Pope: We’re Human; We Have to Share Our Faith
Posted on July 9th, 2012
By Dr. Edward Mulholland | Benedictine College Asst. Professor of Classical and Modern Languages
In a brief excursion outside Rome, the Holy Father today shared a key insight that shows why religious freedom is much more than “freedom of worship.”
Pope Benedict XVI went on a trip down memory lane today. He visited the same residence where, 47 years ago, he took part in the discussions that eventually because the Second Vatican Council’s decree on the missions. It is the residence of the Verbite fathers, in Nemi, outside of Rome.
He said that those who planned the meeting “invited me — a very young theologian of no great importance — I do not know why, but it was a great gift for me.”
The Pope recalled the noisy residence he had in the center of Rome (with a beauty of its own, he admitted) but also the contrast to the quieter, wide open spaces and the green rolling hills of Nemi. There was an openness in the dialogue, too. An experience of working with great theologians serving the Church together.
Fulton Sheen was there, whom he said “wowed the evening with his words”, and Yves Congar. It was not a document with great controversy, Benedict said, but there was one disagreement he admits he never really understood, between the school of Louvain and the school of Munster.
Should the missions be most essentially an implantatio Ecclesiae [implantation of the Church] or an announcement Evangelii [of the Gospel]? The reason why the future Pope didn’t understand the mild dispute was not a lack of theological insight. At that he’s always been a whip. It seems to be that for him, there is simply no distinction.
In his short (barely 500 words) discourse to the Verbite priests, the Holy Father goes back to a fundamental principle of classical philosophy: bonum [est] diffusivum sui (the good is diffusive of itself). In other words, it’s the nature of what is good to expand, to spread, to communicate itself. When you have a good experience, you want to share it. The good professors are normally the ones whose courses fill up first.
The Holy Father remarks that the document on missions complements Lumen Gentium, Vatican II’s constitution on the Church. There is a theology of the Trinity at the root, of a God who is good, and therefore a God who communicates Himself, within his trinity of Persons, and also in his work in creation.
“The good is essentially communicatio” said Pope Benedict. And so is Benedict’s God.
To announce the Good News of a God that has come to save us, and to implant a Church who continues and embodies that same mission on earth, spreading that goodness of grace through saving works, are two sides of one and the same coin.
Christianity inherits something very fundamental from Judaism. The practice of both religions and their moral code boil down to one tenet: Be like God. Live like He does. And His inner life, Christ has come to reveal, is one of self-giving and communicated goodness.
In our day, there is a push to distinguish religious practice between worship and public expression. Religion is all fine and good, but it shouldn’t spill out beyond the church parking lot. What you do in the privacy of your own home, or the collective home of your worshipping group, is your business. Religious motivation is suspect, if that is the root of your actions or political stances. Because, in the end, it is purely emotive, so go emote on your own and get it out of your system.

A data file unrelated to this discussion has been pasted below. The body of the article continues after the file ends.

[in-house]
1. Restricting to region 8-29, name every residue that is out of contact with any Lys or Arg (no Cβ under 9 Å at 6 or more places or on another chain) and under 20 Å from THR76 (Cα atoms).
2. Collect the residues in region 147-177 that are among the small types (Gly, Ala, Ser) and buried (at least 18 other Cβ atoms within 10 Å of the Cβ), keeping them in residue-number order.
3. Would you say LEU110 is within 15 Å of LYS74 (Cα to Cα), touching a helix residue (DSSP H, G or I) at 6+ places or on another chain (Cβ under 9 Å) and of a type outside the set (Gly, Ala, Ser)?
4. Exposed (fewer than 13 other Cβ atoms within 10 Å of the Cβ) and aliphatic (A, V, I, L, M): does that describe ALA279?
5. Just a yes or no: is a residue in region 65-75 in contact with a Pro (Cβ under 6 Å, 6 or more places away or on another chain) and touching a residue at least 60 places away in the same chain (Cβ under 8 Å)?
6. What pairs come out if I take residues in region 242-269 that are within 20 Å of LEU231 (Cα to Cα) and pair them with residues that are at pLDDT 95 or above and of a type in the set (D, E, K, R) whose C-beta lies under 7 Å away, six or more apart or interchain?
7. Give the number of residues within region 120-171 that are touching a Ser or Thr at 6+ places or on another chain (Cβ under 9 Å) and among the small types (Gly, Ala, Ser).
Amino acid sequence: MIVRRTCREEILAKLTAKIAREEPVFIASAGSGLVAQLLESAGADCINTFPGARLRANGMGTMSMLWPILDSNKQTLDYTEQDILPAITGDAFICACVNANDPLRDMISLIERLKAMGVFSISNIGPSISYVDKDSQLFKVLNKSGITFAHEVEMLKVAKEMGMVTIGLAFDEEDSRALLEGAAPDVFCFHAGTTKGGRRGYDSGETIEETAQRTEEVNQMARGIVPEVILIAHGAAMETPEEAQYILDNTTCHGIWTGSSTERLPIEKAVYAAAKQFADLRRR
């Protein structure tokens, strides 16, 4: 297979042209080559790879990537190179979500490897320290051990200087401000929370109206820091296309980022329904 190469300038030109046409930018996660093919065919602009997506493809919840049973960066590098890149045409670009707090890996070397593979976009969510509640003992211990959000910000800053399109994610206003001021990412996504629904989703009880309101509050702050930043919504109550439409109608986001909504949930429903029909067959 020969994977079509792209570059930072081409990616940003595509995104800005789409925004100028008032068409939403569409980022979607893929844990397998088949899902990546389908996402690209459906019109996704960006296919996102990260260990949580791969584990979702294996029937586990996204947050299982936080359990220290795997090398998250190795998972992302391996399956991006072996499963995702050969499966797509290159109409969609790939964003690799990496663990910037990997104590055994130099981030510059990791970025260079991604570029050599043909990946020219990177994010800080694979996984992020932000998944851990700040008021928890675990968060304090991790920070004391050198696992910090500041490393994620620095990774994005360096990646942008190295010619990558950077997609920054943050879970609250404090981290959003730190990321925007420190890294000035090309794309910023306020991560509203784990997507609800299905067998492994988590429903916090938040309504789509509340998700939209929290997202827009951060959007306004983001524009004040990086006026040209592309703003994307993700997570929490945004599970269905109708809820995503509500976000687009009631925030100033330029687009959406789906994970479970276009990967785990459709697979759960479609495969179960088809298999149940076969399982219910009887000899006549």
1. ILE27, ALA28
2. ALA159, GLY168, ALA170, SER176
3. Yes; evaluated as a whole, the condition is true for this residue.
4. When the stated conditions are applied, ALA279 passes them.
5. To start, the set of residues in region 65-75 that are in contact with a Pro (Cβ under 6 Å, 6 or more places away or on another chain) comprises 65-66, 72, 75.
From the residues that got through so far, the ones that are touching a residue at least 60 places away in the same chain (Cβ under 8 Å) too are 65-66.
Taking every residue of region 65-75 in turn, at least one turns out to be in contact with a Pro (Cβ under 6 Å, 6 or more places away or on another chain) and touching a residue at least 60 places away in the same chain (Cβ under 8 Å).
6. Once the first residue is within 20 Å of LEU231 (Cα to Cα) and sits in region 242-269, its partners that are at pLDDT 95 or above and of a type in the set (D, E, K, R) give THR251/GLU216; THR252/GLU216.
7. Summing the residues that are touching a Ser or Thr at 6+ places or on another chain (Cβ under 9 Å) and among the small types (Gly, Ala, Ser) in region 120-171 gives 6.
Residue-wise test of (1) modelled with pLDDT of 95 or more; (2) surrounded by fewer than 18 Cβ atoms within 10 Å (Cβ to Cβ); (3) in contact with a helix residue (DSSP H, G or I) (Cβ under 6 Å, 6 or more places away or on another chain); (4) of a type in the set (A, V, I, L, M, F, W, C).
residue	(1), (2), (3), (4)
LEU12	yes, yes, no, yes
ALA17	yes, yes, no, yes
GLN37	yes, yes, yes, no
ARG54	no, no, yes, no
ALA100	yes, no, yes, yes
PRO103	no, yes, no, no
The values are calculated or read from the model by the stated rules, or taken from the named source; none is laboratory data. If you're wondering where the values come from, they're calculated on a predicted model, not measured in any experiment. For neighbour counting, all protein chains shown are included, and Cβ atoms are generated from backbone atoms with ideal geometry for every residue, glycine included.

In his short words, recalling an unforgettable experience of lived communion in the faith and in the mission of the Church, the Holy Father reminds us of something he never ceases to repeat in one way or another.
If we are to be like a God who is goodness itself, then there can be no false divide between our worship and our life. For the good to be canned and packaged violates its own nature. It cannot be contained, for its very nature is to communicate itself.
Next time you see a great movie or enjoy a great meal, try telling no one about it. It ruins the experience because it violates the nature of goodness. Not to take our religion into the streets violates the nature of religion itself, since it falsifies the nature of the God whom we serve and seek to emulate.
Our God is not a solitary, lonely being; He is a community of persons. To announce that truth implies building a community, an assembly, an ecclesia. Not to share that, not to build community around those basic truths, is to dishonor Him. The false distinction between worship and public practice of religion would have us do what Christ told us was a royal road to perdition: Pay God lip service alone. Religious freedom demands that we live out, in all we do, the truths we profess together. Anything less is shackles on the soul.
Dr. Edward Mulholland was born in the Bronx, New York. He earned his master’s degree in classics from the University of London, England, and received both a licentiate and a Ph.D. in philosophy from the Pontifical Gregorian University in Rome. He is currently Asst. Professor of Classical and Modern Languages at Benedictine College in Atchison, Kansas, where he lives with his bride Valerie and their six children.
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